In this video, we're going to go through the simplest process possible. We're going to build an app for iOS and Android together in under 3 min.
The HTML will be served from your server, just like a normal page, but the whole process will become much more fluid as most of the static data is already on the client phone.
In short: the app acts as a webview which can serve local content in replacement to remote assets.
The typical user would be mostly individuals, small start-ups or people who need fast prototyping. Too often are iOS and Android apps just the same, and you are just spending energy transcribing an app from one language into another. It is a waste of time and money, especially for very simple basic apps. With AlmondBird, you can have only 1 engineer coding all your different platforms (iOS, Android, Web) without having to learn anything new.
For the HTML content: whenever the user will use the app while being online, it will refresh the content immediately and cache it.
For the assets: whenever you change the name of your static files, the App will download temporarily the files. Let's take an example: you changed your CSS and you want it to be reflexted in your apps, including the older version already released in the past. In order to do that, just update the name of the CSS file. The app will automatically download it as the asset with that new name is not present locally.
You can start with a short course -- this will make you build a flappy bird clone as app. This course will bring you through all the main features.
You can modify the app icons, the app name, the app build name (com.mySuperDuperCoolapp.client for instance), the HTML endpoint, the app version name, the app version code, the splash screen icons, the splash screen color and the deeplink protocol (for instance: "myapp://"). More to come... someday.
You'll need the following free tools:
You can cache the following type of files:
We can always add more in the future if there is a request for it.
Upon set up of your app, you need to define a scheme name in your Config.json file under the name "deeplinkScheme". This will allow you to open the app by calling the app. For instance, if you use
mycoolapp as a scheme, you can open the app by using the link
You can also add additional parameters that will be added to the URL upon opening the app depending on the "websiteURL" defined in the Config.json file. For instance, if your websiteURL is
https://www.mywebsite.com and you create a deeplink in the form of
mycoolapp://this/is/a/path, the app will automatically open
To simplify, what we provide is a full screen webview with a local storage for static assets. By adding static files in the build, your app will shortcircuit any remote request from your HTML endpoint when the filename and file path match the one you have locally stored within the app. For instance: your webview sees the tag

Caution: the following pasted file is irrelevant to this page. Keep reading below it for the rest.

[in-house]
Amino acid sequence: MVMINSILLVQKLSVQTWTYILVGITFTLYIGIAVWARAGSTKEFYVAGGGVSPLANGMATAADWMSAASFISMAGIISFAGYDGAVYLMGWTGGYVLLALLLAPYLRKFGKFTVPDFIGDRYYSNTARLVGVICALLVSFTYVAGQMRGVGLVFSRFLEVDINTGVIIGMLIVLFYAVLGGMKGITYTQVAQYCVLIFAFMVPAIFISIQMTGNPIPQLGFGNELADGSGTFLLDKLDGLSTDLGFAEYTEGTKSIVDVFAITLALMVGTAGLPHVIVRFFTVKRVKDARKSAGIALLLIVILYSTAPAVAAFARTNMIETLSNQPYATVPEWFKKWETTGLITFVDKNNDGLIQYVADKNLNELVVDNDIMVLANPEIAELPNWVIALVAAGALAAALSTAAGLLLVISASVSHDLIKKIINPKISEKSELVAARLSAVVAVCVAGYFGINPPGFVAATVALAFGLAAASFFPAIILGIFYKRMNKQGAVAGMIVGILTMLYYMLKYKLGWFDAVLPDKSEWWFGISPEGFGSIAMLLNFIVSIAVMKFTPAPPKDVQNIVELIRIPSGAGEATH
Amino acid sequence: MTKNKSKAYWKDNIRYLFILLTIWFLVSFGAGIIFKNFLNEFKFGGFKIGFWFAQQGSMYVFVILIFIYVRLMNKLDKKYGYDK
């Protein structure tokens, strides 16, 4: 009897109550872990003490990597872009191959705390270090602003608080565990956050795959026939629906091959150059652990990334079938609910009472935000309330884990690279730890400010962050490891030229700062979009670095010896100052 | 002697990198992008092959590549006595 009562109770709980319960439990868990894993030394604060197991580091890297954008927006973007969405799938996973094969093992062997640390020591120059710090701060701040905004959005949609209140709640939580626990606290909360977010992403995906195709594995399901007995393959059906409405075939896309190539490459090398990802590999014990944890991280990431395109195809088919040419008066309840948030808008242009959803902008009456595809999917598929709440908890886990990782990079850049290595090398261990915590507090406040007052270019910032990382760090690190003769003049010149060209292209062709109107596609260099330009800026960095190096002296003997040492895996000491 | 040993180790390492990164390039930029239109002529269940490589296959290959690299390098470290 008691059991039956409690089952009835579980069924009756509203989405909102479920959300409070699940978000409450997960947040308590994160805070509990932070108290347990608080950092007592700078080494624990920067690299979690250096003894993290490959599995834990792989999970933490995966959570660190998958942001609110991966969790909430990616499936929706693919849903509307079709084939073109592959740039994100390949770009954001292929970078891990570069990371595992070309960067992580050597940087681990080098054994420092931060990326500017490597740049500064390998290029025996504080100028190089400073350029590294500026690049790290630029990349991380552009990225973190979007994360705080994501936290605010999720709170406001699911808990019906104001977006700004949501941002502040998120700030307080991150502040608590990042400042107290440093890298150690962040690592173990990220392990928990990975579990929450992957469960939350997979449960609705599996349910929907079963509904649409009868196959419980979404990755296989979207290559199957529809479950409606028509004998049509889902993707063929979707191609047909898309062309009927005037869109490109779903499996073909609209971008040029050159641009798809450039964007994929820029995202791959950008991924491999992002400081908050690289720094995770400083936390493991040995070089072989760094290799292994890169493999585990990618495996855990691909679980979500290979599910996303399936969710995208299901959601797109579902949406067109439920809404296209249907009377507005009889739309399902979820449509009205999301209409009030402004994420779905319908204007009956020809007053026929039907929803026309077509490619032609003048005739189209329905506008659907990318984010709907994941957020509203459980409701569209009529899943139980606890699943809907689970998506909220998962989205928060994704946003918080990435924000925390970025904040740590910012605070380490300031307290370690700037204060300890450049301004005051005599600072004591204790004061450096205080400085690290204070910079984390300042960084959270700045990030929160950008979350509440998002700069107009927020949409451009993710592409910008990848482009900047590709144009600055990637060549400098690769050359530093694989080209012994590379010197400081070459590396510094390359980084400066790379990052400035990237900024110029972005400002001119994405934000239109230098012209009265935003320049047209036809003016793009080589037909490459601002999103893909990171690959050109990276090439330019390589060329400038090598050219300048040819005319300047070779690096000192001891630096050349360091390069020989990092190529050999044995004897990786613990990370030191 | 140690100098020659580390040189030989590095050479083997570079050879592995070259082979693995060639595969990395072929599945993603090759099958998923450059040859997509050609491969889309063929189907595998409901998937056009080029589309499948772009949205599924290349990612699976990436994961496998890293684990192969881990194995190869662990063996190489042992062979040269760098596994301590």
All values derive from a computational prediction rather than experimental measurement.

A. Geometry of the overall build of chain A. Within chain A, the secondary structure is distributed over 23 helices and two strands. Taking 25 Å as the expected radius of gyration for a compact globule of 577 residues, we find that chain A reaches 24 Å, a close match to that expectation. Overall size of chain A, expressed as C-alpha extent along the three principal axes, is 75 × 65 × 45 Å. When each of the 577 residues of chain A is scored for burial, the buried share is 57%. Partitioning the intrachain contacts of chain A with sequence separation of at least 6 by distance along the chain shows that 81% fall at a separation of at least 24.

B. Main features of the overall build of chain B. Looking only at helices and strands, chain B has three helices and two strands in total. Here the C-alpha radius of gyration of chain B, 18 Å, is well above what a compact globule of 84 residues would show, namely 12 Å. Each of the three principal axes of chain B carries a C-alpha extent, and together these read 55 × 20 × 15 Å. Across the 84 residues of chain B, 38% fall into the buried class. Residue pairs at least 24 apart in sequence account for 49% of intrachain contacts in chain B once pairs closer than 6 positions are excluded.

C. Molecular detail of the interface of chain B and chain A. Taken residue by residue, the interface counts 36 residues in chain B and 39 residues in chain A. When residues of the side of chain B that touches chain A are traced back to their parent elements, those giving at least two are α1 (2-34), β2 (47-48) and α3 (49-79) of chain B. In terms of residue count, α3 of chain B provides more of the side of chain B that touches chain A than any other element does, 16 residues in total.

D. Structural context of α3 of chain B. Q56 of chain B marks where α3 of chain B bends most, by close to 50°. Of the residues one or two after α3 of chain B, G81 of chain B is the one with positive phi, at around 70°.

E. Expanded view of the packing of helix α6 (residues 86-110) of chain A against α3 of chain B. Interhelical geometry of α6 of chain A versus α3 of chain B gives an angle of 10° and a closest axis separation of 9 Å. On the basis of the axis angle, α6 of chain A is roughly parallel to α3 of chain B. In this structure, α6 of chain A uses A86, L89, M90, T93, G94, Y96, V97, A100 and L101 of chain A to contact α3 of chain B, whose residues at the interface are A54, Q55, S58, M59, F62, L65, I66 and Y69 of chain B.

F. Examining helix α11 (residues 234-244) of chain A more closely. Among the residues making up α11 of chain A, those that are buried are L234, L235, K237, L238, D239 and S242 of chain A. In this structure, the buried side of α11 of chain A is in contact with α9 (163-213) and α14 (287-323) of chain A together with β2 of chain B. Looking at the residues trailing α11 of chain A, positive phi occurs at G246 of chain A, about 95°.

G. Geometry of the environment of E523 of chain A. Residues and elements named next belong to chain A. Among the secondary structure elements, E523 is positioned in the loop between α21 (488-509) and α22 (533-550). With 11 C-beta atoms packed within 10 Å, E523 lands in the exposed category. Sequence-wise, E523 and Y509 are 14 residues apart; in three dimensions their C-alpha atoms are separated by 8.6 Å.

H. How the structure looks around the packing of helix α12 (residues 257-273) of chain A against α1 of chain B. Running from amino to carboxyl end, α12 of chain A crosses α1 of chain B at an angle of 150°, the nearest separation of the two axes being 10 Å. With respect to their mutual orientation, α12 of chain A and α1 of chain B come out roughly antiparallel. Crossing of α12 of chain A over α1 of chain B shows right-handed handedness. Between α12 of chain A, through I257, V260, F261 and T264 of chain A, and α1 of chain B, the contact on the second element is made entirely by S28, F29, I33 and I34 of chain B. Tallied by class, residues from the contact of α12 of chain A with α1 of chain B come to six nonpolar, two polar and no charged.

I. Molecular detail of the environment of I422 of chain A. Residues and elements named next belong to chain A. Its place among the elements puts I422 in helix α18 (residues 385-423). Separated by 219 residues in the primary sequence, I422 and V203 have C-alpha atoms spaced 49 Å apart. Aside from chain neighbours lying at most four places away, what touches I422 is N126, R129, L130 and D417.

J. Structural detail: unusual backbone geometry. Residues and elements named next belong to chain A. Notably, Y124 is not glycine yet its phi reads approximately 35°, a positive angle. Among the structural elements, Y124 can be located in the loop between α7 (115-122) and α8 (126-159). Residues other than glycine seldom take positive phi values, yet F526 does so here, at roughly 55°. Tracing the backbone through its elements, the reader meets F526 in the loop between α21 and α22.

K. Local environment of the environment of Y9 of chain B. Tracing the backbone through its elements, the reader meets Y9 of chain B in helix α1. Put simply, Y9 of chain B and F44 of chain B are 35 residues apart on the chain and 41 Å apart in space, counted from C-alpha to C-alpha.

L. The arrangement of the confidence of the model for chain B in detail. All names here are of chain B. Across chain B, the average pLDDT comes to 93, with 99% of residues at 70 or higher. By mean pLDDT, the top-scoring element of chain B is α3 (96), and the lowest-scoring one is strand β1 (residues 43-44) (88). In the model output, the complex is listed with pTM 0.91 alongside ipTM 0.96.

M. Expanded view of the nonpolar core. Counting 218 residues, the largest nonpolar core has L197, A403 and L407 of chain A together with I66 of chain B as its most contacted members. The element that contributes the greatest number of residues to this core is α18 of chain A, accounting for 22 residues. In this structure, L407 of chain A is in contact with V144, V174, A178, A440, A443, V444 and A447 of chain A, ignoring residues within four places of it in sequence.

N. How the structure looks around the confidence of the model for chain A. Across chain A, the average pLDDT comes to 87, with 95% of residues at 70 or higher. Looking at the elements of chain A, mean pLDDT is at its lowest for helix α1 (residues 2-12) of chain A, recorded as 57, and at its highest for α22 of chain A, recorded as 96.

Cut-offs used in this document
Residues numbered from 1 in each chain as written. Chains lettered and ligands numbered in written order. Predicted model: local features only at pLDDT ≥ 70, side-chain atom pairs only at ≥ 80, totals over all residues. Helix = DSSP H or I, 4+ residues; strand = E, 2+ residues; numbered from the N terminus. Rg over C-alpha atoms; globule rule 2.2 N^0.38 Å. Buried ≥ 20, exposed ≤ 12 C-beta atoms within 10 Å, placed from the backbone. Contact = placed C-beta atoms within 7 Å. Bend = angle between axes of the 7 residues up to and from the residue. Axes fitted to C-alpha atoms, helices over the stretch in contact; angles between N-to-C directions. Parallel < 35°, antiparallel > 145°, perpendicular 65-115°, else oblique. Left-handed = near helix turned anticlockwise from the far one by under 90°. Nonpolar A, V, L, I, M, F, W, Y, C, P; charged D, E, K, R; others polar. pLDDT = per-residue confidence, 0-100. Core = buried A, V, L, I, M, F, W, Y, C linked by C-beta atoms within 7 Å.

<script src="//www.myserver.com/path/to/jquery-1.0.5.js">. If you have stored a file called jquery-1.0.5.js within the app with the very same path, your webview will serve the content locally. If you have all the static files within the app, everything is loaded within a few miliseconds.
You should always give a unique name to your assets (MD5 hash of the file content for instance), so that whenever you update it on the server, it will be reflected within the clients.
You must be wondering what is the difference between our framework and some others already existing on the market.
You can think of certain hacks: imagine having different version of the assets. For instance: high resolution images on your local app, and low resolution if they need to be downloaded.
We're using the Apache2 licensing. So, yes, it's 100% free regardless of what you do with the App. For the source code, if you want to branch it or host it, you just need to keep a mention of the origin.
The cache will take the content of the HTML online the first time the app is launched, as well as everytime you'll launch the app while being online. It will then serve this content in the case the user of the app is offline.
Talking about speed is always a delicate topic, as it widely depends on the geographical location of your users. The little example app, a game we called "Flippy Bird" (one of the demo branches of the framework), ony needs to transfer 2 Ko with the server when online as all the static assets are stored locally. It would take 700 Ko to download it all if you would use a browser. While on a test session in South East Asia (Malaysia) on Edge connection, it took less than 1 second to launch the app vs. 2 minutes with a browser.
This framework accepts all languages, Angular.JS included. The difference that we have with most other frameworks is that you don't NEED to use it. The advantage of Angular.JS vs static HTML is in the filesize. Only, nowadays, for most uses with high internet speeds, it's not really the size that matters but the number of requests. It's not the few additional Ko in the requests that are going to ruin your user experience.
Moreover, how many people do you know who can code in Agular JS vs. the number of people who can code in HTML?
The advantage of having your app is that have additional capabilities, such as sending push notifications for instance if you implement it. Other advantages could be having your own icon, faster loading times, etc.
Feel free to contact us: firstname.lastname@example.org
We're originally a few friends friends who happened to work together in a same company. Feel free to check out our team page here - some of us work at Shileo, a really cool company selling food online.
By email: email@example.com
If it's an implementation question, just use StackOverflow, and send us an email with the link: firstname.lastname@example.org. If it's a bug, just use Github's Issue page on our project. If it's private, contact us directly: email@example.com